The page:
Just returned from a wonderful visit to Verona and Venice. Will post Verona now and follow with Venice later this week. Special thanks to James G. for coming through yet again in both cities!!!
First night after arriving in Verona from New York (a Sunday) we headed to Taverna di Via Stella, a Slow
Food spot (snail sticker on door) near Piazza Erbe. Although the place was almost empty when we arrived at 7:30pm, we were glad we had booked a table since the place was full by 8pm. This is my idea of what an Italian trattoria should be...very cozy inside, lots of bustling around, brown paper on the tables, golden light, etc etc. We were very warmly welcomed and service was friendly and efficient throughout. After starter glasses of Prosecco, we each began with a pasta: My bigoli (type of whole wheat spaghetti) with duck was rich and terrific and my partner's tortellini with butter and sage was equally scrumptious..Both were daily specials.
While partner stopped there, I went on to the carpaccio with baby arugula and shaved Parmesan, followed by grilled radicchio and funghi combo. The bill came to about $56 Euro with the house Valpolicella. While we were eating, lots of local folks stopped by at the bar for snacks (cichetti) and wine....a terrific idea for lunch. Patrons appeared to be local people except for one table of Americans who were seated next to us, took one look at the menu, remarked that there was no chicken to be had, and got up and left!!! Address is Via Stella, 5/c. Closed Monday.
Next day, Monday, lunch was cichetti (hearts of articoke and prociutto crostini) with small sampling of the many wines sold by the glass at Bottega de Vino. Valpolicella Riserva was excellent and I could have stayed and snacked all day. This place is atmospheric times ten......amazing selection of old wines, Armagnacs, etc.......the menu for full meals looked good, un-fancy local dishes, but we had no time to try it because we were booked that night at Il Pompiere.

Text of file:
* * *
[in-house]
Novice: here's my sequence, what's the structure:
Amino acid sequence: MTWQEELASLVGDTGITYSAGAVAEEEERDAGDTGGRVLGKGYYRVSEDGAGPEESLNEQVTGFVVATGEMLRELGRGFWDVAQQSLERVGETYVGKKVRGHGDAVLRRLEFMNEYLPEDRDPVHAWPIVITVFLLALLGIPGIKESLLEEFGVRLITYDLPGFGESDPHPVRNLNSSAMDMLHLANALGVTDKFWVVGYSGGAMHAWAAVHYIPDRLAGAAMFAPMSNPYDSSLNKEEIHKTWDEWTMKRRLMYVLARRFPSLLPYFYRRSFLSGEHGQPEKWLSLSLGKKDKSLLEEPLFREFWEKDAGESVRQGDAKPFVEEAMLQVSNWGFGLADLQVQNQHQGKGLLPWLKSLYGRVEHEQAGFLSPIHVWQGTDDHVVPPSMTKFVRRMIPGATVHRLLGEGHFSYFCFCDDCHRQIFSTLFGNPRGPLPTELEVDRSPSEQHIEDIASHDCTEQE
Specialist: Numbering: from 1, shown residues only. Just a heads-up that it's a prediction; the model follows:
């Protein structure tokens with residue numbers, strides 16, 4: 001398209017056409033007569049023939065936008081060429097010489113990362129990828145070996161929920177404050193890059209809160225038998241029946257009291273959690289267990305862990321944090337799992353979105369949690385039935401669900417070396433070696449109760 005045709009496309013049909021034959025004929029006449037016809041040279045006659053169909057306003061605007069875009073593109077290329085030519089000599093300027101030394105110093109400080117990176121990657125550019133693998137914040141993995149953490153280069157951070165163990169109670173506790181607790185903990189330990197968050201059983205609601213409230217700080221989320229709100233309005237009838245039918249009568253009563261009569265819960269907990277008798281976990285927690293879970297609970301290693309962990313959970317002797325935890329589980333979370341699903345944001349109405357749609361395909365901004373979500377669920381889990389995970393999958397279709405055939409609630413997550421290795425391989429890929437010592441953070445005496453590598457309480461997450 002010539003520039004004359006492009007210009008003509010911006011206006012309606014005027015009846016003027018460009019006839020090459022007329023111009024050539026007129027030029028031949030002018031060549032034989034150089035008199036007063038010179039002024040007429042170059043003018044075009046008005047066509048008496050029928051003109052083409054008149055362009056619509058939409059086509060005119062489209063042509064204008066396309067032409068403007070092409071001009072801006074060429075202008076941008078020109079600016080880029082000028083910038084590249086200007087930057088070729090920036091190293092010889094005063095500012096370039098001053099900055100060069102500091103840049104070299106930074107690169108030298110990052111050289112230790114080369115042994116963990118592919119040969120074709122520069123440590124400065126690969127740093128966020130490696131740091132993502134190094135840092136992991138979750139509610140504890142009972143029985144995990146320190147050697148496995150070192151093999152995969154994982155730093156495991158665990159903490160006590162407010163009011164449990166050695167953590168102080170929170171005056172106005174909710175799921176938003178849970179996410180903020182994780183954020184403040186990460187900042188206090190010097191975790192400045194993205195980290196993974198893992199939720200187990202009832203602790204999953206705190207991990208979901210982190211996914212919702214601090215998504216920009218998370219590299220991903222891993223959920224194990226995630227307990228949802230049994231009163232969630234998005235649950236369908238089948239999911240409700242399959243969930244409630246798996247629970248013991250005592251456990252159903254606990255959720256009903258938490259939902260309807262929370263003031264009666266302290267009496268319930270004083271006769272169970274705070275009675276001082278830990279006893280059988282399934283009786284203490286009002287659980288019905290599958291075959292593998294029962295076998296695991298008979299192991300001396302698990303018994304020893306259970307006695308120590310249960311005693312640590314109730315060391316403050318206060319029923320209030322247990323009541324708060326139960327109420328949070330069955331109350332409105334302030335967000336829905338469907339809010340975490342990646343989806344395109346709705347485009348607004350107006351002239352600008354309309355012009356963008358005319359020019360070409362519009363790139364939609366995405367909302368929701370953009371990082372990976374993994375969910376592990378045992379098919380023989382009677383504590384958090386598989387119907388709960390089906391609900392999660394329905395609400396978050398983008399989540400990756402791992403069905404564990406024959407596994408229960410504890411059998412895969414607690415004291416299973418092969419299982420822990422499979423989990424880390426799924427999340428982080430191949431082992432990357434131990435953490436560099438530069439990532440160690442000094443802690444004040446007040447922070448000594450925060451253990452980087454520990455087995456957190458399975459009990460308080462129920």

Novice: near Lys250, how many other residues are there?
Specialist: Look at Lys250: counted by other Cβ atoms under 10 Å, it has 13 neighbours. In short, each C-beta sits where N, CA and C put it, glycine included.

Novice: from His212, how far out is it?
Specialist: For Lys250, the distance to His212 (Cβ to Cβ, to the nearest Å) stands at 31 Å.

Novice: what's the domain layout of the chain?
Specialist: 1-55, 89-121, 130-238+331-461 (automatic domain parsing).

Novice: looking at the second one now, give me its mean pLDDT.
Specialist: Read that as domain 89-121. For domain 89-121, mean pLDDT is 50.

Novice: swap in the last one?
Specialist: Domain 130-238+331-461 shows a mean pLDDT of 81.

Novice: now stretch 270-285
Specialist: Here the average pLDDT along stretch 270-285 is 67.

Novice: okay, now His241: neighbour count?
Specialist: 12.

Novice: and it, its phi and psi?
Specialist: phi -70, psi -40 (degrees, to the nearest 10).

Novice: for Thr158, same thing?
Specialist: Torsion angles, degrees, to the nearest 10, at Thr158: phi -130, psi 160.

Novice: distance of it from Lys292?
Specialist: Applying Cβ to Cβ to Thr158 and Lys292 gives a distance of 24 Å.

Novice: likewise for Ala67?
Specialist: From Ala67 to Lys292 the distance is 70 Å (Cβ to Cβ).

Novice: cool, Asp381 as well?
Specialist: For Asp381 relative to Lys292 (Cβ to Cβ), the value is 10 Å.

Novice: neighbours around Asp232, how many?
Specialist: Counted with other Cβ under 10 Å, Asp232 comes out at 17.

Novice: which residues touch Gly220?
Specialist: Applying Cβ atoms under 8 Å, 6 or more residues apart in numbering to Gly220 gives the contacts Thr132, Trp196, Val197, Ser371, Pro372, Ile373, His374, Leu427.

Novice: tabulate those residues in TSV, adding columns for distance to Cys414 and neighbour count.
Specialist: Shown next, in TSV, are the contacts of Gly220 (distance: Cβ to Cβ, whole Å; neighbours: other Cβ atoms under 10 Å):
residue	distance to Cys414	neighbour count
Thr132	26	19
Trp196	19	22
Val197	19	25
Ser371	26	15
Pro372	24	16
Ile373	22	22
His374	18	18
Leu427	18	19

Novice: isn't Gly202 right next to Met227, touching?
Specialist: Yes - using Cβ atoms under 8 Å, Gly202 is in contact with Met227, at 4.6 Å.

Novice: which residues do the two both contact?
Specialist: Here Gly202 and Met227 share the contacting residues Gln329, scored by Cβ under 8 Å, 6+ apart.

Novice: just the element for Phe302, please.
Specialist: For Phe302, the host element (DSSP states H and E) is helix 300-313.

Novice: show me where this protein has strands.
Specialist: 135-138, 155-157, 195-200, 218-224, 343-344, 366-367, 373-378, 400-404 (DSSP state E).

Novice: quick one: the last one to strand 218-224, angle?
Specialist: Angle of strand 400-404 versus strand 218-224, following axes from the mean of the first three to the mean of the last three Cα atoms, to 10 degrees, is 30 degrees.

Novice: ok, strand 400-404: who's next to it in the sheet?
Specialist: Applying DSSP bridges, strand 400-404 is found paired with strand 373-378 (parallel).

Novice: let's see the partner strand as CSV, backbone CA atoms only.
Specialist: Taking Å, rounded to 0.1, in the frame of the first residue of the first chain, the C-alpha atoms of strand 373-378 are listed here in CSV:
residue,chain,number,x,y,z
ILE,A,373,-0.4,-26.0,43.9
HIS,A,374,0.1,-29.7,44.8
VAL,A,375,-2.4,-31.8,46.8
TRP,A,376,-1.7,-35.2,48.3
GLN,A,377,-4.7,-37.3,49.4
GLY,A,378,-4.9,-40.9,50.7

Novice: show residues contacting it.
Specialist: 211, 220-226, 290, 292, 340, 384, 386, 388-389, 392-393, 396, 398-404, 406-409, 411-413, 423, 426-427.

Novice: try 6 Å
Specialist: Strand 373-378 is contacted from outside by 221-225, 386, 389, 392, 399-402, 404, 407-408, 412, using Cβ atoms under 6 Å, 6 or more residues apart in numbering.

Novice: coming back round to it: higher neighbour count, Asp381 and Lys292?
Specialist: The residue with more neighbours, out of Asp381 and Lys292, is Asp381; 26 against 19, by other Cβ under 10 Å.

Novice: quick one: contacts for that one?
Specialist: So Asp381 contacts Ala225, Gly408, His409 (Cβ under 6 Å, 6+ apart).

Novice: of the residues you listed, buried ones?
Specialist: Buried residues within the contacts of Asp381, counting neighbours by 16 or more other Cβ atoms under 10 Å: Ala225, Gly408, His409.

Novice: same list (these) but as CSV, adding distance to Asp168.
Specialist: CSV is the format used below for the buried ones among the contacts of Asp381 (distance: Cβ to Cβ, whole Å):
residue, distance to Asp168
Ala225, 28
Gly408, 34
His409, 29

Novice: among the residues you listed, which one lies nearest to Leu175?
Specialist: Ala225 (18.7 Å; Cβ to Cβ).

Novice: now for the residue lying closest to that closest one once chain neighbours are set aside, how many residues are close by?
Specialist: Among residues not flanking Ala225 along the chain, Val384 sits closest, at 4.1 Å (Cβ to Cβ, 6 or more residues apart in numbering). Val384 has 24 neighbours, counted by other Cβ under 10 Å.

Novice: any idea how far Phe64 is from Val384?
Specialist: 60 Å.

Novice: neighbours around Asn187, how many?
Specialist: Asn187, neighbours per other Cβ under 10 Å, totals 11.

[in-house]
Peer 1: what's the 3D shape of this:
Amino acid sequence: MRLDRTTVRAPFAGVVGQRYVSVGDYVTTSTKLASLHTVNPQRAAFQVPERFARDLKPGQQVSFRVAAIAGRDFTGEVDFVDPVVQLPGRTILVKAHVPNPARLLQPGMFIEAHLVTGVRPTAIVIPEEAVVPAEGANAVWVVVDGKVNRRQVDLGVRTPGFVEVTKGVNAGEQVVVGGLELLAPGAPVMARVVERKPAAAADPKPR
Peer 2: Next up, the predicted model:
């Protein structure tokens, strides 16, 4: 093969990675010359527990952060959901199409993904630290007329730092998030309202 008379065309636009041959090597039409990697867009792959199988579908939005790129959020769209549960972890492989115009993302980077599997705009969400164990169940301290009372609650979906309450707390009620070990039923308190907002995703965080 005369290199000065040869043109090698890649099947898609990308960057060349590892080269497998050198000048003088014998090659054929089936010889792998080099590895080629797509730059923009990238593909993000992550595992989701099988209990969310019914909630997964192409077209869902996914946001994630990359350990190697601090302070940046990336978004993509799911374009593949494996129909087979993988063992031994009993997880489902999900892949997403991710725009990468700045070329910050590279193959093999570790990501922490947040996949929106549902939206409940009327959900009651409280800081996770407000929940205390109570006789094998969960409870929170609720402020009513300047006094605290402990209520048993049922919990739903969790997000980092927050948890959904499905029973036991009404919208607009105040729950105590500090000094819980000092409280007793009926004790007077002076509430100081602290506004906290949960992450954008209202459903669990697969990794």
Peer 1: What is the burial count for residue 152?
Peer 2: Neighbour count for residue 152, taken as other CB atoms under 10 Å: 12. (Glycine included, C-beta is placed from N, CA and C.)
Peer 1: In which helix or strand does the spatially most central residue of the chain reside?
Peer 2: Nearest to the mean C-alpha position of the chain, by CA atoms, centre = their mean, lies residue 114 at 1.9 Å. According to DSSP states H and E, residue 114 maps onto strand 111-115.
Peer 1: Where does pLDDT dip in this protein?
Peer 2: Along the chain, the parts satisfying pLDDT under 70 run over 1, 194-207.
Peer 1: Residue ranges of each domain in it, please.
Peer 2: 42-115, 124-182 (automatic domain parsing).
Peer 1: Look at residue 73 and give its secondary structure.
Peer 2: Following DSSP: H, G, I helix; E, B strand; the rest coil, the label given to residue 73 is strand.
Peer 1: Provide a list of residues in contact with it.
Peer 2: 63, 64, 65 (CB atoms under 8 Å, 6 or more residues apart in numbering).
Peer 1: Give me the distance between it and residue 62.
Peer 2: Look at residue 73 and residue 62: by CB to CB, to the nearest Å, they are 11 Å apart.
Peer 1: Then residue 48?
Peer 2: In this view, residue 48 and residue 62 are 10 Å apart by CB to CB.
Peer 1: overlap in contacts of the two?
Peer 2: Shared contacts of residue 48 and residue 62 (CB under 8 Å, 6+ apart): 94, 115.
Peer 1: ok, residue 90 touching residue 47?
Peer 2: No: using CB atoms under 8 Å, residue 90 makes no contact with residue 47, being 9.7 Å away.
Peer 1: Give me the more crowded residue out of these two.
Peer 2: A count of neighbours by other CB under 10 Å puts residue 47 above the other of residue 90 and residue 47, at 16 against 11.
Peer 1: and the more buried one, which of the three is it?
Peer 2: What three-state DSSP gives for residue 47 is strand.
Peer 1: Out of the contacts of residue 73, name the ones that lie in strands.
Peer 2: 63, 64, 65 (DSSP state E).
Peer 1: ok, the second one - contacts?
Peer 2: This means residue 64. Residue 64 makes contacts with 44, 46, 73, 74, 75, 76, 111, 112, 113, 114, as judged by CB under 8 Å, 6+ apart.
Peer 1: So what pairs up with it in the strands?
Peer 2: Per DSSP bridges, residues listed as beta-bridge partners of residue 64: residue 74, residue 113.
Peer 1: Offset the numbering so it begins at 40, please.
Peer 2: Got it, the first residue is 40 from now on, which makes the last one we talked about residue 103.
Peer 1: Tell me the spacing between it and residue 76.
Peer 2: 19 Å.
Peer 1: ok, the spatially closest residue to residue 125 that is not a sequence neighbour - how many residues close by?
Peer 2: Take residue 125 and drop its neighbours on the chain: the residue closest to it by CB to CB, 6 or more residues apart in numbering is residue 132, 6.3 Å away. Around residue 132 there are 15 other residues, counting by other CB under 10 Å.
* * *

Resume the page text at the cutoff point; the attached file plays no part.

At 8pm when we arrived at Il Pompiere, also near Piazza Erbe and also a Slow Food member, sign on the door indicated that there was no space left for the evening. Very glad we had reserved in advance...through our hotel (Hotel Aurora)
Although we were the first people to arrive, the place filled up quickly and, save for one other table, the diners appeared to be Italian. The walls are covered with black and white photos and one large corner of the main room is devoted to shelves of salumi.....in endless permutations. Large slicing machine stands next to them and manning it is a man who appears to be the house maestro of salumi.......after drink orders are taken, he came to the table to discuss which of the tens of types we would choose to start the meal. We ordered the variety platter: prociutto from Norcia, porcetta with rosemary, house made Mortadella, guanciale.......while $22 had seemed to be a bit pricey for salumi, we were very glad we had chosen this option..I have never eaten cured meats of this quality ! The peachy pink Mortadella, especially, was a revelation. Meal continued with a pasta for each of us: tagliatelli with artichoke (good) and beef ravioli (sublime)...clearly meats are the specialty at Il Pompiere, as they are in many Veronese eateries. Next I tasted, courtesy of friendly diner at neighboring table, stinco de maile (spelling?)...braised pork shin, which had a gorgeous lacquer finish. Surprisingly, the meat did not fall off the bone as I had envisioned but the flavor was divine and portion was huge. Dessert was a lovely hazlenut/chocolate cake. Total bill with house wine was about $62 euro. Il Pompiere, Vicolo Regina d'Ungheria, 5. Closed Sunday and Monday lunch.